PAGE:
Holly And the Ivy

To be honest, if they're not forced into doing it for whatever reason and they don't mind or enjoy doing it, fair play to them. It's a job that pays well apprently but it just involves something that is considered not the norm.
Given the right circumstances, this job is more empowering and turns out better rewards than an office job in the western world where a woman is paid less than a man for twice the amount of work, can't make it to manager despite her skills because of sex descimination so is stuck to try and climb the ladder further more or quit and find something else to do with her life. Even though this isn't as common these days it is still commmon enough to be widely recognised that women just don't get as much of an opertunity as men do.
Ah well, I guess it's just down to difference in culture and society.
An interesting read and something to think about. It certainly made me realise that they weren't all forced into it, it's nice to know that some of the girls are happy with their profession. 🙂

Holly And the Ivy


For those interested, Mark Askew has written an excellent ethnography on go-go dancers and sex workers in Bangkok. It is chapter 9 in his book 'Bangkok: Place, Practice, and Representation', the majority of which you can read on GoogleBooks.


I'm not very educated on the topic so I don't have a strong opinion, but I think that since it's inevitable anywhere, it's best to have it legalized.


I'm a big fan of leagalizing prostitution. With that it can be regulated, people can have the ability to get health care for it, and regular doctor visits will be a higher priority. If anything bad were to ever happen to a girl or guy they could call the police without the fear of being prosecuted themselves. Also, if it is legal then it is taxable. We (and by we I mean our country [or which ever country you're in]) could be making money off of it and they could be filing taxes based on this income. There might be an opportunity for tax credits for their children, or school.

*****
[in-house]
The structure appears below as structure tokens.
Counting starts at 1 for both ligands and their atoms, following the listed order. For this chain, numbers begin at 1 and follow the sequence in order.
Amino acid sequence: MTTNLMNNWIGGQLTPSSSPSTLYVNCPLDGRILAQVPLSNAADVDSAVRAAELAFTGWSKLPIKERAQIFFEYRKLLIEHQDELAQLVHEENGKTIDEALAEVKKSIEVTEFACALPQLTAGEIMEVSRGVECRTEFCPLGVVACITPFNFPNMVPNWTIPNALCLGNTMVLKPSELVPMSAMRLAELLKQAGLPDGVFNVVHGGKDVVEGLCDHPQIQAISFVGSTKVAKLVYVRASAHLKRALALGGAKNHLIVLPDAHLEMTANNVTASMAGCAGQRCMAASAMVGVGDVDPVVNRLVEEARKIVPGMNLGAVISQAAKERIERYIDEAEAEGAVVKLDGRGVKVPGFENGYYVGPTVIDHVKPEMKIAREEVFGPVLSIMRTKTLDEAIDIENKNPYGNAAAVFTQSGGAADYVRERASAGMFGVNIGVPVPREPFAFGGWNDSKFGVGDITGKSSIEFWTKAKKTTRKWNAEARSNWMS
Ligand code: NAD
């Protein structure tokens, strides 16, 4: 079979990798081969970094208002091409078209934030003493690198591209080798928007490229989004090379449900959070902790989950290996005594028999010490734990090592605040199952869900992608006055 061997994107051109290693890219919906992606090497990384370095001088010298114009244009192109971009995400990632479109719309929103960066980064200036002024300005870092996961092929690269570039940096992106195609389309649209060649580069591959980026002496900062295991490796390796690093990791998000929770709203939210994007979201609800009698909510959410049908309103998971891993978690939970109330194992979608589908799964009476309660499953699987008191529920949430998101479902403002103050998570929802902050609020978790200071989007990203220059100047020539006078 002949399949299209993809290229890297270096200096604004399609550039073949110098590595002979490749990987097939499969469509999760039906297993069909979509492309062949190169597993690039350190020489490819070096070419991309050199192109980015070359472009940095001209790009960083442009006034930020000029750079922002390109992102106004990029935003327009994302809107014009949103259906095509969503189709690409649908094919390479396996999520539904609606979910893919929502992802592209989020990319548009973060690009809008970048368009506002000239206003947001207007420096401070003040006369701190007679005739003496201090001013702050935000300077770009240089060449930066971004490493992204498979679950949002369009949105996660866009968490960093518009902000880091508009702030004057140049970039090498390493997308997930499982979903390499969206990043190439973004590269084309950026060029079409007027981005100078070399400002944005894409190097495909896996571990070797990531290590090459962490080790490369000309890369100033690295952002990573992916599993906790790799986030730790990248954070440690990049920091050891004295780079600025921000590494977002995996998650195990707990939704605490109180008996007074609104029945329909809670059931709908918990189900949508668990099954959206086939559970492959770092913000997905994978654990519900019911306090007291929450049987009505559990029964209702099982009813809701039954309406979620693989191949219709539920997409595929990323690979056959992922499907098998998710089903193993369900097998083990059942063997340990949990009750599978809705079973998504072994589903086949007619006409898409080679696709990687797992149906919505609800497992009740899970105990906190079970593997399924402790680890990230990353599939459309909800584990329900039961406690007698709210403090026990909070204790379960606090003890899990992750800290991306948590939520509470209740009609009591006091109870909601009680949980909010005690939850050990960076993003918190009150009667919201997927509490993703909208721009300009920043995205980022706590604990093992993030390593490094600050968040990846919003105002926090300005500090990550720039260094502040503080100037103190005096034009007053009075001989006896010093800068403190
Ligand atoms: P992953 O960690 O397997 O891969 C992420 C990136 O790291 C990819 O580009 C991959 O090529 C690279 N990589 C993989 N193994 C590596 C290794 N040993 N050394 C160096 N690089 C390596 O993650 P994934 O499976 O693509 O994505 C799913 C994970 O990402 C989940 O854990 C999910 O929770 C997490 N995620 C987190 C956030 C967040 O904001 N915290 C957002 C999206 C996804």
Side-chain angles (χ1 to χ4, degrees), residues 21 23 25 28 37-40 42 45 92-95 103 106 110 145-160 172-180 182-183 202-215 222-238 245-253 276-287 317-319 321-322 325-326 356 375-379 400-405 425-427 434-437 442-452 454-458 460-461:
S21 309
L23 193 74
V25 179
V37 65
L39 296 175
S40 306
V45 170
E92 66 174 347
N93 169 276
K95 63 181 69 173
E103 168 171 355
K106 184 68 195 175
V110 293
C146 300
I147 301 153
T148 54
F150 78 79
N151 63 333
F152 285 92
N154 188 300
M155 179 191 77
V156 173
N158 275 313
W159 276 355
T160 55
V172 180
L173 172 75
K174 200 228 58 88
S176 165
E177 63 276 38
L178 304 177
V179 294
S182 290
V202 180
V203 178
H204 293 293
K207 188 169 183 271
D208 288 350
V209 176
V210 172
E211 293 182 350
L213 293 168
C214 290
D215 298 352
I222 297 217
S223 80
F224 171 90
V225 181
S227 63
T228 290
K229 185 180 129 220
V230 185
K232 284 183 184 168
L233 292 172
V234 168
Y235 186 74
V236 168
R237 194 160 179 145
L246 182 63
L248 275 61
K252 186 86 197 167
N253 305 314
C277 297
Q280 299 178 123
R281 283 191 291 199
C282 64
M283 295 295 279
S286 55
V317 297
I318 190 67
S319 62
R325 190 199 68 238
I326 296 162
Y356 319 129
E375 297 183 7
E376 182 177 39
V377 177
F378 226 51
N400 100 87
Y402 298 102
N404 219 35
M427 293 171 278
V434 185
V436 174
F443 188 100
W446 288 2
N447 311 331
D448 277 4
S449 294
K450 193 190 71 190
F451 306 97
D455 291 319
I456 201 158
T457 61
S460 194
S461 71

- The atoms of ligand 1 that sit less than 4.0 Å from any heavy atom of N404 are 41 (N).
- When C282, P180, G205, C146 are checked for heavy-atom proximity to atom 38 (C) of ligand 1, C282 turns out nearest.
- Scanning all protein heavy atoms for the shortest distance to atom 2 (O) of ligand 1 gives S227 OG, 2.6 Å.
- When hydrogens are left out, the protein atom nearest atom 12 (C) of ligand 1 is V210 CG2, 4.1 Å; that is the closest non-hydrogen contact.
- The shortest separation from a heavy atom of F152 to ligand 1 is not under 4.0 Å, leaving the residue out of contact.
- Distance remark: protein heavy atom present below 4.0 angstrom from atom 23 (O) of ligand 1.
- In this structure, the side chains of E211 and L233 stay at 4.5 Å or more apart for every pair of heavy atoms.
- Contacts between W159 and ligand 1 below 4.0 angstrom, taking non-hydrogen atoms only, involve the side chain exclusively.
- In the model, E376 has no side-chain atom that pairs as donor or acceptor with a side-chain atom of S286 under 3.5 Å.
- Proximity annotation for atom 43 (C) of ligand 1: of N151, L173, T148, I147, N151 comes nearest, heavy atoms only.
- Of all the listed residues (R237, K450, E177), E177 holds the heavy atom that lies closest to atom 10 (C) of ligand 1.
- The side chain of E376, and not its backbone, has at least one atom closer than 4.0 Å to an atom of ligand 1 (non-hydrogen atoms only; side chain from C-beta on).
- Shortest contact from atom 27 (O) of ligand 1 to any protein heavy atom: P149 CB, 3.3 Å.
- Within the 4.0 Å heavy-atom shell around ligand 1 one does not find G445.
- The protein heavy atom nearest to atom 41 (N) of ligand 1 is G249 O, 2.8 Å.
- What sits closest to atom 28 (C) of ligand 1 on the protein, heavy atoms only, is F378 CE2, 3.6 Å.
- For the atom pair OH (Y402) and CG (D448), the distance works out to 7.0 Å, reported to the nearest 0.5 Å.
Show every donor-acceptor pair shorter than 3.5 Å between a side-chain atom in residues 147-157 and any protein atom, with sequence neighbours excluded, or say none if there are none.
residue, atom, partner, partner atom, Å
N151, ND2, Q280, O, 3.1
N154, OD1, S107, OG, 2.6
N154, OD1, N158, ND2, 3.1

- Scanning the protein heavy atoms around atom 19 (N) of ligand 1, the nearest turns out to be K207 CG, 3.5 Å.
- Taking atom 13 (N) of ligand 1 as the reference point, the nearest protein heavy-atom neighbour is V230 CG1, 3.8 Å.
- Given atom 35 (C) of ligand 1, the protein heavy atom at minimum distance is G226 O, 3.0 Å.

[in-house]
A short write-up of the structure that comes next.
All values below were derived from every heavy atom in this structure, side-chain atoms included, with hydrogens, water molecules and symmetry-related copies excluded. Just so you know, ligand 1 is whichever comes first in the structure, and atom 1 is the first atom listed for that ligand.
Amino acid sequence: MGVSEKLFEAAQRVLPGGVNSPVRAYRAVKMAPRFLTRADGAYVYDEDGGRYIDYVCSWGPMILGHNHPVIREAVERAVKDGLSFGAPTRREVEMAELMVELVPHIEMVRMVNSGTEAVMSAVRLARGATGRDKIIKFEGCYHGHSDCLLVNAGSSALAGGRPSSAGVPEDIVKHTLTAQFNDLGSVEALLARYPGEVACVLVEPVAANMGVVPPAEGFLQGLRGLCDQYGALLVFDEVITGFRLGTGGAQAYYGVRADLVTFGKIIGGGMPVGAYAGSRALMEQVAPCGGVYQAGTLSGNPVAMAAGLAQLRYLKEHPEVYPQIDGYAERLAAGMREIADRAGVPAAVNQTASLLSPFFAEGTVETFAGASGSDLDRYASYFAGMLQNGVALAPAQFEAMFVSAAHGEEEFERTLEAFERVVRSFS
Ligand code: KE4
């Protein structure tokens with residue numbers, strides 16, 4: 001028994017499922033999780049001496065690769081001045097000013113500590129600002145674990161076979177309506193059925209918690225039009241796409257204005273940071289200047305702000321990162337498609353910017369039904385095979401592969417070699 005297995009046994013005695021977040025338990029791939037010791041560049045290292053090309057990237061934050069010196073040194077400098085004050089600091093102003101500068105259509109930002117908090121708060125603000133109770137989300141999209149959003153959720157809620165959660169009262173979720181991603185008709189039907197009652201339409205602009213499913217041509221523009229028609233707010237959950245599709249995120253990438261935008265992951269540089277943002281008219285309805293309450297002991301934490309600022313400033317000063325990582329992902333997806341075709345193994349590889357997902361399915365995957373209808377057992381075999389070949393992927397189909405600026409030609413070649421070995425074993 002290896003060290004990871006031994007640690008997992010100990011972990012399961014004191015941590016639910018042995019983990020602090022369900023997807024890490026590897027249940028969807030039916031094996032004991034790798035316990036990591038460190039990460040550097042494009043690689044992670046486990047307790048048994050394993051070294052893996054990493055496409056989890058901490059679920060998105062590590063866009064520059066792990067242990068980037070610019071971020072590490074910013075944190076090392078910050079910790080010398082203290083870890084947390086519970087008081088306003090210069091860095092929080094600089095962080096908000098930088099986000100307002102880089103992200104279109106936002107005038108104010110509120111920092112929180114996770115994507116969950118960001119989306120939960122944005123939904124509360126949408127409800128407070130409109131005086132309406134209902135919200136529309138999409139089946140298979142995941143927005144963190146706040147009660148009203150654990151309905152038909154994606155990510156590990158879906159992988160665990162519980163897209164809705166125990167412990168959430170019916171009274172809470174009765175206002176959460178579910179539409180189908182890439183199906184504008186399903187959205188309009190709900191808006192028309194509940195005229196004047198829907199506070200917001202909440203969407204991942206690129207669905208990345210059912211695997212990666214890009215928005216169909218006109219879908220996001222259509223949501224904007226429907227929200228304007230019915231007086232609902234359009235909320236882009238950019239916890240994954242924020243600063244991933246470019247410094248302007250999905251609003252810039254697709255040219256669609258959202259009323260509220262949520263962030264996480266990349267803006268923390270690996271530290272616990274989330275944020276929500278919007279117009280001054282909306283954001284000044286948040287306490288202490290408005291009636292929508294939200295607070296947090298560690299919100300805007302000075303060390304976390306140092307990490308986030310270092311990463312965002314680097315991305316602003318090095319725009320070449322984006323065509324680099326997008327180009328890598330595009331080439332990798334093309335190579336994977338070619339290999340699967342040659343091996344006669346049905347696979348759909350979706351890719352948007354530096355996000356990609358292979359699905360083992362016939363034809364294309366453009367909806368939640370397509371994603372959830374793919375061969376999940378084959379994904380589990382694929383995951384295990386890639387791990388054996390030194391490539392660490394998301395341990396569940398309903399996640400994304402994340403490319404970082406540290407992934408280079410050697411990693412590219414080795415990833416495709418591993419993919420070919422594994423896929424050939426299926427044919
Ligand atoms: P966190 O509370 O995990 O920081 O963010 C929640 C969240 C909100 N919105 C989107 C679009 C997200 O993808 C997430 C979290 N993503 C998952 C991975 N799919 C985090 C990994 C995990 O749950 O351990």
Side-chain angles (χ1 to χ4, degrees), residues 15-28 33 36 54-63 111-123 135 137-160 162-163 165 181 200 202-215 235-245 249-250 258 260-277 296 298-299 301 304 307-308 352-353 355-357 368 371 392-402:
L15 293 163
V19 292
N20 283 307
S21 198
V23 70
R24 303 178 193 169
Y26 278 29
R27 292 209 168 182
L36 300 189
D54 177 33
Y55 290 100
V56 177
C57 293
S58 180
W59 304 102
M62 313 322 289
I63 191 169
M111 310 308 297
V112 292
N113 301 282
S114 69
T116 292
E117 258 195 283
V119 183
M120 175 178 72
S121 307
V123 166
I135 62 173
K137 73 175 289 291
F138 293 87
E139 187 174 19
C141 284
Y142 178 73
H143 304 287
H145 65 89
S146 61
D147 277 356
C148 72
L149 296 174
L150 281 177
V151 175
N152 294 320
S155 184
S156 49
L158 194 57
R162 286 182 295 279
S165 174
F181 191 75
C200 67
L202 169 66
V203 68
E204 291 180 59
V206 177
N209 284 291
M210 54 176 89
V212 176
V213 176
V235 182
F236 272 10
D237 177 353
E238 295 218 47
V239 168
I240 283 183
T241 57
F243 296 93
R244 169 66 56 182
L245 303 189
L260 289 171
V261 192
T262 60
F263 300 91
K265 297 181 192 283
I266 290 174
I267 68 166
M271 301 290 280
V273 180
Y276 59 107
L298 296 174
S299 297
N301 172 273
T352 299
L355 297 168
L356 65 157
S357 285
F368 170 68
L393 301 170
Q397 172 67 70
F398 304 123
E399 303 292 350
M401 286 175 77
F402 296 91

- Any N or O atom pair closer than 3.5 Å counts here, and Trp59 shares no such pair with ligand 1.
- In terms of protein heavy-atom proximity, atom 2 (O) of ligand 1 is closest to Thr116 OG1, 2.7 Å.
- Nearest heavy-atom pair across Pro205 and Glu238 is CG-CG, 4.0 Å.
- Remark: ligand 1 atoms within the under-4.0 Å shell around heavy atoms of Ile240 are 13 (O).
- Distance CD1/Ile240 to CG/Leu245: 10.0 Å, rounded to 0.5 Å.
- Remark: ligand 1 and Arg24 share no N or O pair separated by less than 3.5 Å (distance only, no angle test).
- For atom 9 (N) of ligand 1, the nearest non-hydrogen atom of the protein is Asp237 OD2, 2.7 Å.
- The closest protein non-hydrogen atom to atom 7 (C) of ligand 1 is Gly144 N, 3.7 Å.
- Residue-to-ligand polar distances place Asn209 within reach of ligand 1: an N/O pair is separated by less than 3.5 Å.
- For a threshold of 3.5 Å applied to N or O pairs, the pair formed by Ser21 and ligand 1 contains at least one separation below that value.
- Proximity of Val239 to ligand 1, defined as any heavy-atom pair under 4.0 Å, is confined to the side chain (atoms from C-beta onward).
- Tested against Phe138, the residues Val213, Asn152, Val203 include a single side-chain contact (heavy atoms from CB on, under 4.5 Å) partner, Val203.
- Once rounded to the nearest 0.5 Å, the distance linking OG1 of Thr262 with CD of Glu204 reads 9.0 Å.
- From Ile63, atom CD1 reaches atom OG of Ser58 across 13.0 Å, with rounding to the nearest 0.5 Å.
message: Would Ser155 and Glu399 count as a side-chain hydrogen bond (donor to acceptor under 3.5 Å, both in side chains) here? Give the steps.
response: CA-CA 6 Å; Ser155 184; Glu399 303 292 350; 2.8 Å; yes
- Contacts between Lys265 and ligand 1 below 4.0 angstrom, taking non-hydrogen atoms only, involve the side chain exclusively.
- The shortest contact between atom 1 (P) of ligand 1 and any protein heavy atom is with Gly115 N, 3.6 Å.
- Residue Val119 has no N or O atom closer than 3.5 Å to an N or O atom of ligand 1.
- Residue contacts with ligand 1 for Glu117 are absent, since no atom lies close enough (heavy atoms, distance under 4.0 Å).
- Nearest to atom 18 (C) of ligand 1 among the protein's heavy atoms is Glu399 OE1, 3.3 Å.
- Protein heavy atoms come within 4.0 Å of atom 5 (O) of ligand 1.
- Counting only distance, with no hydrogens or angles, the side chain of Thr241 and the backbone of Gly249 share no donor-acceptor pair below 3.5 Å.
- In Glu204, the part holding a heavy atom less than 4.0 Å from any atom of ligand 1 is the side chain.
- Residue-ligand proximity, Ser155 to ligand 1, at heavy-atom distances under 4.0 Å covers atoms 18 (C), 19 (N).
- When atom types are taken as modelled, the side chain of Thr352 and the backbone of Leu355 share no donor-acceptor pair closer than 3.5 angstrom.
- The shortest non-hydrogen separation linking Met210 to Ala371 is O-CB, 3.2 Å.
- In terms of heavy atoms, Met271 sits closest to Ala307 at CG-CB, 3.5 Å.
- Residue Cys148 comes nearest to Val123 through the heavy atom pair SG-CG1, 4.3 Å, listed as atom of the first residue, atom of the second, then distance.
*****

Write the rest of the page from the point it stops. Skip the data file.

So let's see…safety to clients, safety to workers, and taxable income…it sounds like quite a few groups are getting a bonus here.


This is definitely much different from what people are often told about sex work in Thailand. Though there are exceptions to any rule, this is certainly enlightening. I know several friends who have worked and taught in Thailand and there seem to be some great NGOs focused on sexual health and HIV/AIDS prevention, and EMPOWER seems really wonderful. You'll have to update us on how many ladies show up to your class! I'm interested in how receptive/truly interested these gals are in learning English (I may be moving to Thailand soon to teach). Anyway, a great post, thanks for sharing!

trevor the lionhearted

The ultimate truth is that men will ALWAYS pay to have sex with women. Whether or not it's legal, the demand is a part of the human/animalistic nature and it won't go away. So, it is most definitely safer to allow and regulate sex work. Allow willing participants to be accounted for, tested for disease, etc. then the instances where men do pay for sex from these women can be safe and controlled instead of illegal and dangerous.

V. Furnas

AS long as they have a choice and are being safe then who do they hurt. It isn't known as the oldest profession with out reason.

Thank you for showing this softer side of the profession.

Amy --- Just A Titch

Whether one likes it or not doesn't really matter—it's going to happen, and in my opinion, harm reduction should be the most important thing (sort of like clean needle exchange programs, etc.). This EMPOWER organization sounds like it's doing great work…I love that you worked with this. Once again, you win for Coolest Life Ever.